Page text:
E.U. ratchets up its Ukraine response
A day after the European Union agreed to punish Russia with an oil embargo, European leaders announced a 9 billion euro aid package for Ukraine and moved to tackle a blockade of Ukrainian crops that is threatening a global food crisis.
The deal to ban most Russian oil imports by the end of the year exempts Hungary, whose leader, Viktor Orban, has friendly ties with President Vladimir Putin of Russia.
As European leaders wrapped up a two-day summit in Brussels, Ursula von der Leyen, the president of the European Commission, said the developing global food crisis was “only the fault of Russia,” which has seized or blockaded all of Ukraine’s Black Sea ports, preventing 22 million tons of grain from leaving.
Russia’s foreign minister will visit Turkey next week to discuss possibly releasing the grain.
On the ground: Fighting raged in Sievierodonetsk on Tuesday as Russian troops advanced toward the center of the city, which is the last in the Luhansk region of eastern Ukraine to remain outside Russian control.
The military: A new Russian commander, Gen. Aleksandr Dvornikov, was sent to Ukraine in April to oversee a refocused invasion in the east. U.S. officials say he is repeating the same mistakes in the new campaign that forced Russia to abandon its push to take the entire country.
Finances: European officials are pressing the U.S. to seize more than $300 billion worth of Russian central bank assets and give that money to Ukraine. But that could be illegal, U.S. officials warn, and may discourage other countries from relying on the U.S. as a haven for investment.
In Mali, a massacre with a Russian footprint
In late March, Malian soldiers in pursuit of Islamist militants arrived in the village of Moura and executed hundreds of men. But the soldiers weren’t alone. They were accompanied by members of the shadowy Russian paramilitary group known as Wagner, according to diplomats, officials and human rights groups.
In Moura, Malian soldiers and their Russian allies looted houses, held villagers captive in a dried-out riverbed and executed between 300 and 400 people, mostly civilians, according to witnesses and analysts. The Malian authorities hailed the Moura attack as a major victory in their fight against extremist groups, claiming to have killed 203 fighters, but making no mention of civilian casualties.
The death toll in Moura is the highest in a growing list of human rights abuses committed by the Malian military, which diplomats and human rights observers say have increased since the military began conducting joint operations with the Wagner Group in January.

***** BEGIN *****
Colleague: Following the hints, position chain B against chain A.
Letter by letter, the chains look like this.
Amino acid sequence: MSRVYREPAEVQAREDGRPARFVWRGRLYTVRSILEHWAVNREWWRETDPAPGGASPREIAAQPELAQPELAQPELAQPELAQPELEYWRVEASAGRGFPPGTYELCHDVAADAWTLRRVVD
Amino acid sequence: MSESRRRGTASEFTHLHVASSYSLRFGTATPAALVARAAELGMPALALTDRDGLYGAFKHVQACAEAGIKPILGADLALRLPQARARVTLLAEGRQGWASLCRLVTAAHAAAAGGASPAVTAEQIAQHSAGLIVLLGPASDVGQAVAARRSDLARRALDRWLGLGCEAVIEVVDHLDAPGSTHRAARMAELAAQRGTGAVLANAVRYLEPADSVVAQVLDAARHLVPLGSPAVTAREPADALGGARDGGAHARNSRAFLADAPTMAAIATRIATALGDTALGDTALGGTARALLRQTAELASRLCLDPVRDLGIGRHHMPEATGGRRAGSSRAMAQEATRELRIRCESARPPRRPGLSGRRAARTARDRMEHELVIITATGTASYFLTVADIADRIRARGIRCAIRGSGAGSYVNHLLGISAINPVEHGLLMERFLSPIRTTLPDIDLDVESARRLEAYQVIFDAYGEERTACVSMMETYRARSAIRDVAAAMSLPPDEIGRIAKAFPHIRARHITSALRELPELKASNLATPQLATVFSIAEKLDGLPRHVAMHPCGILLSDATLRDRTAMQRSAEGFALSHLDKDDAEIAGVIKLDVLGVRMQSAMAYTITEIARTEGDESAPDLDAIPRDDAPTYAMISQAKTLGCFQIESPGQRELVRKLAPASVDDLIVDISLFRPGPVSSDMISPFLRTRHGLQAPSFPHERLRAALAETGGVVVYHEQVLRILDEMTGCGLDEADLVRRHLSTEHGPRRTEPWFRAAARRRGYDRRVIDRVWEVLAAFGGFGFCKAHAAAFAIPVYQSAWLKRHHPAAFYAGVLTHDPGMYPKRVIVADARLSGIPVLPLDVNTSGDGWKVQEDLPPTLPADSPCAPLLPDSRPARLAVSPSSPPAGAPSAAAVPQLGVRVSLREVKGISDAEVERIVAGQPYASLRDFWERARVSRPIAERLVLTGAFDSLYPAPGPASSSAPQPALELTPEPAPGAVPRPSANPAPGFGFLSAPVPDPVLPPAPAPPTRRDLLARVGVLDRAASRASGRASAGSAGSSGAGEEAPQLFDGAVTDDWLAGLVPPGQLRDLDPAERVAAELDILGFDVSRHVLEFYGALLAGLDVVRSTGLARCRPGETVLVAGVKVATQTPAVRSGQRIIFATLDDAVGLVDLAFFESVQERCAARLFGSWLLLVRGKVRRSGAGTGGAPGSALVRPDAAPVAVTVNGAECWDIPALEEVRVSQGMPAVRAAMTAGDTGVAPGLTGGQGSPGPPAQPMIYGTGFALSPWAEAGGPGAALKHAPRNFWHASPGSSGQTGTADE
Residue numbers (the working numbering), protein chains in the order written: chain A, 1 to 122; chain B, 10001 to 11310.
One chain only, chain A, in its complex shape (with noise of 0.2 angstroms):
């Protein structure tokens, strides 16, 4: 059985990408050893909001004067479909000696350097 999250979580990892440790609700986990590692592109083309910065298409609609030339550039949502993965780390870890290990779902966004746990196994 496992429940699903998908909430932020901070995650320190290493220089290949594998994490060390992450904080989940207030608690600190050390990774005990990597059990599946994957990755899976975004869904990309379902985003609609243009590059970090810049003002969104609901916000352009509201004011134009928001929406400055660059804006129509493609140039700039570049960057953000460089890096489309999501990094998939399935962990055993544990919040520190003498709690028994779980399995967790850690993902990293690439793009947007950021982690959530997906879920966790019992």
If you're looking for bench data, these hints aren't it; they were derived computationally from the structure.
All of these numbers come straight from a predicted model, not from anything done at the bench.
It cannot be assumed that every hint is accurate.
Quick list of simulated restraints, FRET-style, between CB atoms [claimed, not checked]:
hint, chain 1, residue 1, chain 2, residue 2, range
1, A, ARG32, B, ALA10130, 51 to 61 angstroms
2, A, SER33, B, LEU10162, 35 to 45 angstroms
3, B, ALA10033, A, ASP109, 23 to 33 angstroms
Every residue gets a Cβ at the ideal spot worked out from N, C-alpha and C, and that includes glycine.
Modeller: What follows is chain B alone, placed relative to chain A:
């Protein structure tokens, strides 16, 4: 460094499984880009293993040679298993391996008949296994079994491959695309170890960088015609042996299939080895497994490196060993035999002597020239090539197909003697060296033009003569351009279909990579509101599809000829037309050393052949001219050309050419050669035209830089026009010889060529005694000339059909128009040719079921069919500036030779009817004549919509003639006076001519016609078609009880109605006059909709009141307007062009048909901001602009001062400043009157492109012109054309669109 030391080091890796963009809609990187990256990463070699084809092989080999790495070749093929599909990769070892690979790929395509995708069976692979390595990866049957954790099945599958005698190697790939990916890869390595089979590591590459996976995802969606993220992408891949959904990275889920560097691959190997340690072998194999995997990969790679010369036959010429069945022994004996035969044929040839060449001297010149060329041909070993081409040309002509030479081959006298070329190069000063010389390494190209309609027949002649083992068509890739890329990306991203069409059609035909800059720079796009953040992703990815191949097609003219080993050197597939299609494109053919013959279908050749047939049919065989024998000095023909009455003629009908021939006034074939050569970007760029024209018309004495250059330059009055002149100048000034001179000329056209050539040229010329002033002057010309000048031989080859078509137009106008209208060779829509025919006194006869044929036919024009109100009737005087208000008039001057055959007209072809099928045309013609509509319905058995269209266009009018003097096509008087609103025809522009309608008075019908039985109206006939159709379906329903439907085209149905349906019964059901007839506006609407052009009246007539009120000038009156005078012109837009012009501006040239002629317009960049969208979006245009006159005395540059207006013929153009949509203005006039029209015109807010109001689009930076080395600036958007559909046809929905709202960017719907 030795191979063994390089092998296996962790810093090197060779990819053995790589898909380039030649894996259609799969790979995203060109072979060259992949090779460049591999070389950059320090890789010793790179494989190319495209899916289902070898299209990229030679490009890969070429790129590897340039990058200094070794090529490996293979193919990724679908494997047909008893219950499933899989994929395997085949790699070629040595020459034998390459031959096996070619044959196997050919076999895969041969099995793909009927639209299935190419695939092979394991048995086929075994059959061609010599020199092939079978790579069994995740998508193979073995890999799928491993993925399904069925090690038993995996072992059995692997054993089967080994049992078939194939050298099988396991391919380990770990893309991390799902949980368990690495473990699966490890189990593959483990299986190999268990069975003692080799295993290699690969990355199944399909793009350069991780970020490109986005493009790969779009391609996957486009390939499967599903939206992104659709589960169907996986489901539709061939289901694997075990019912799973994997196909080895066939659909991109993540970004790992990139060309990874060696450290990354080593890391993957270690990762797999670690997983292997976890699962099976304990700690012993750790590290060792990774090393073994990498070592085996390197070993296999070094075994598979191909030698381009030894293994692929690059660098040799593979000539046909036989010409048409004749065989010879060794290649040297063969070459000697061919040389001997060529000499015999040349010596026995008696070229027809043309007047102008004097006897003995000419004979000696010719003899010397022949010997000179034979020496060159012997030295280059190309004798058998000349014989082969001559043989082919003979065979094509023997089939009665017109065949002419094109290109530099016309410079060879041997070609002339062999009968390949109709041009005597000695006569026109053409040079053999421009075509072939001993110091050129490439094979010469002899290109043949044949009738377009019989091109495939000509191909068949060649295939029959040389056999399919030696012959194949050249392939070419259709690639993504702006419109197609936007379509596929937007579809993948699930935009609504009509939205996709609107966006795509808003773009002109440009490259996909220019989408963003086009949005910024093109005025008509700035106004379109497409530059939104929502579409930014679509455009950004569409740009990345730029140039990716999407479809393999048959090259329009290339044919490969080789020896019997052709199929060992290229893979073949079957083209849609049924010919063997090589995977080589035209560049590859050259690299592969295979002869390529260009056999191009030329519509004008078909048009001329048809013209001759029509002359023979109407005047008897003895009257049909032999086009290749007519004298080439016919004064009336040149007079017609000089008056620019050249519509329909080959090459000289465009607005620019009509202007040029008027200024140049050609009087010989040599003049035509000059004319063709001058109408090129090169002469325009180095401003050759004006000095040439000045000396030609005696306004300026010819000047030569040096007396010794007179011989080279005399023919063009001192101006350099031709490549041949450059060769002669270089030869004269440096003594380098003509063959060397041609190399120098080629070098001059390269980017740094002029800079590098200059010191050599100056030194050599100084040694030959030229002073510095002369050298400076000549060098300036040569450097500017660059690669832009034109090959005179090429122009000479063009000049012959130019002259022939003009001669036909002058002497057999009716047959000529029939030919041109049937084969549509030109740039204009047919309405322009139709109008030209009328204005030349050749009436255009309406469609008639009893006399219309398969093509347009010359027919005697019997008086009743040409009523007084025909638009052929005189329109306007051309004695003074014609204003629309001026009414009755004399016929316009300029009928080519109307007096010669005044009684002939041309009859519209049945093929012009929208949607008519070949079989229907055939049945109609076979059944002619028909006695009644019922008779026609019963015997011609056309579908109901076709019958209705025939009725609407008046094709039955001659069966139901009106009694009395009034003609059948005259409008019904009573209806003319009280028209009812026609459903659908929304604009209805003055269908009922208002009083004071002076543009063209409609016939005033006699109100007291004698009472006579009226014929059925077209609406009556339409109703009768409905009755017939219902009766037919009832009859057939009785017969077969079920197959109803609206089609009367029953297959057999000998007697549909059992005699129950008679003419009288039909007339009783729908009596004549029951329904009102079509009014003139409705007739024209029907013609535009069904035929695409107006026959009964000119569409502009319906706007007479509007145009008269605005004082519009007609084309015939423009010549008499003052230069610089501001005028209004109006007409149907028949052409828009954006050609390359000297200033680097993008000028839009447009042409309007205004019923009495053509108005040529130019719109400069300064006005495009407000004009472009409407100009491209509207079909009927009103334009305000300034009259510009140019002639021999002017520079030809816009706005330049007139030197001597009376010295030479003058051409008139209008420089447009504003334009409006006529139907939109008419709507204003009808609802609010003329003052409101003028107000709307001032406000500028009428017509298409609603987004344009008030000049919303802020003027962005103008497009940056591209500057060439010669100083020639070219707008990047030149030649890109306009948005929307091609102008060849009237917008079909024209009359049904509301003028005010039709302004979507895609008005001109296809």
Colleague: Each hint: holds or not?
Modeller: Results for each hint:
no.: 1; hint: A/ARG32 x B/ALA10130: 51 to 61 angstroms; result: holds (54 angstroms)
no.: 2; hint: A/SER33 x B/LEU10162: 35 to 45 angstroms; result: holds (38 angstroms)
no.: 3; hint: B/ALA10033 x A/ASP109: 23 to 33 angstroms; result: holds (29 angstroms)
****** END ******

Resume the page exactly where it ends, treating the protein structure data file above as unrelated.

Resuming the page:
Context: Since the Wagner Group appeared in Ukraine in 2014, its operatives have been identified working in Libya, Syria and countries in sub-Saharan Africa. The group also mines diamonds, spreads disinformation and props up autocrats in an effort to grow Russia’s footprint.
Israel and the U.A.E. sign a trade deal
Government ministers from Israel and the United Arab Emirates signed a free-trade agreement yesterday that, once ratified, would be the widest-ranging deal of its kind between Israel and an Arab country.
The speed at which the deal took shape — it was sealed less than two years after the establishment of formal ties between Israel and the Emirates — highlights the readiness with which Israel is now being accepted by some Arab leaders after years of diplomatic isolation.
The deal will lead to the removal of tariffs on 96 percent of goods traded between the two countries within five years. Bilateral trade was worth $885 million in 2021, the Israeli economy ministry said. The free-trade agreement may allow the annual value of trade to rise to $10 billion within five years, the Emirati economy ministry said.
Background: For decades, Israel was ostracized by all but two Arab countries amid an unresolved Israeli-Palestinian conflict. But in 2020, Israel established or improved relations with Bahrain, the U.A.E., Morocco and Sudan, reflecting a shift in those countries’ priorities away from a Palestinian state and toward building a united front against Iran.
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Whatever your connection (or lack thereof) to baseball, you may find something to like in the Savannah Bananas. This collegiate summer league team in the state of Georgia has amassed a huge following by leaning into entertainment — including on-the-field dancing. They also wear stilts, crowd surf and sing karaoke.
The Banana method is working. While major league games can sometimes attract fewer than 3,000 fans, the Bananas have sold out every home game at their 4,000-seat stadium since the team’s founding in 2016.
Cuba’s boxers go pro
Cuba’s amateur boxing program is the best in the world: Fighters have won 15 Olympic medals since 2012, compared with nine for the U.S. during that time.
Now, 60 years after the island nation outlawed professional sports, Cuban boxers are stepping into the prizefighting chase. In May, Cuba’s communist government blessed a move to allow boxers to fight professionally.
The move expands opportunities for competition. But money also matters. The national team’s base salary is just 3,500 Cuban pesos a month, the equivalent of a dollar a day, while each Olympic gold medal earns a fighter the equivalent of $300 per month for life.
Under a deal with Golden Ring, a Mexican promotional company, boxers will keep 80 percent of the net pay from each fight. The remainder will be divided among coaches, medical staff and the national federation.
The athletes interviewed by The Times seemed pleased with the new arrangement, saying they hoped the deal would stem a wave of defections that has risen in their sport in recent years.
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This ham and jam sandwich is an expansion of the Parisian sandwich known as jambon-beurre: jam for sweetness, ham for salt and Dijon mustard for a little heat.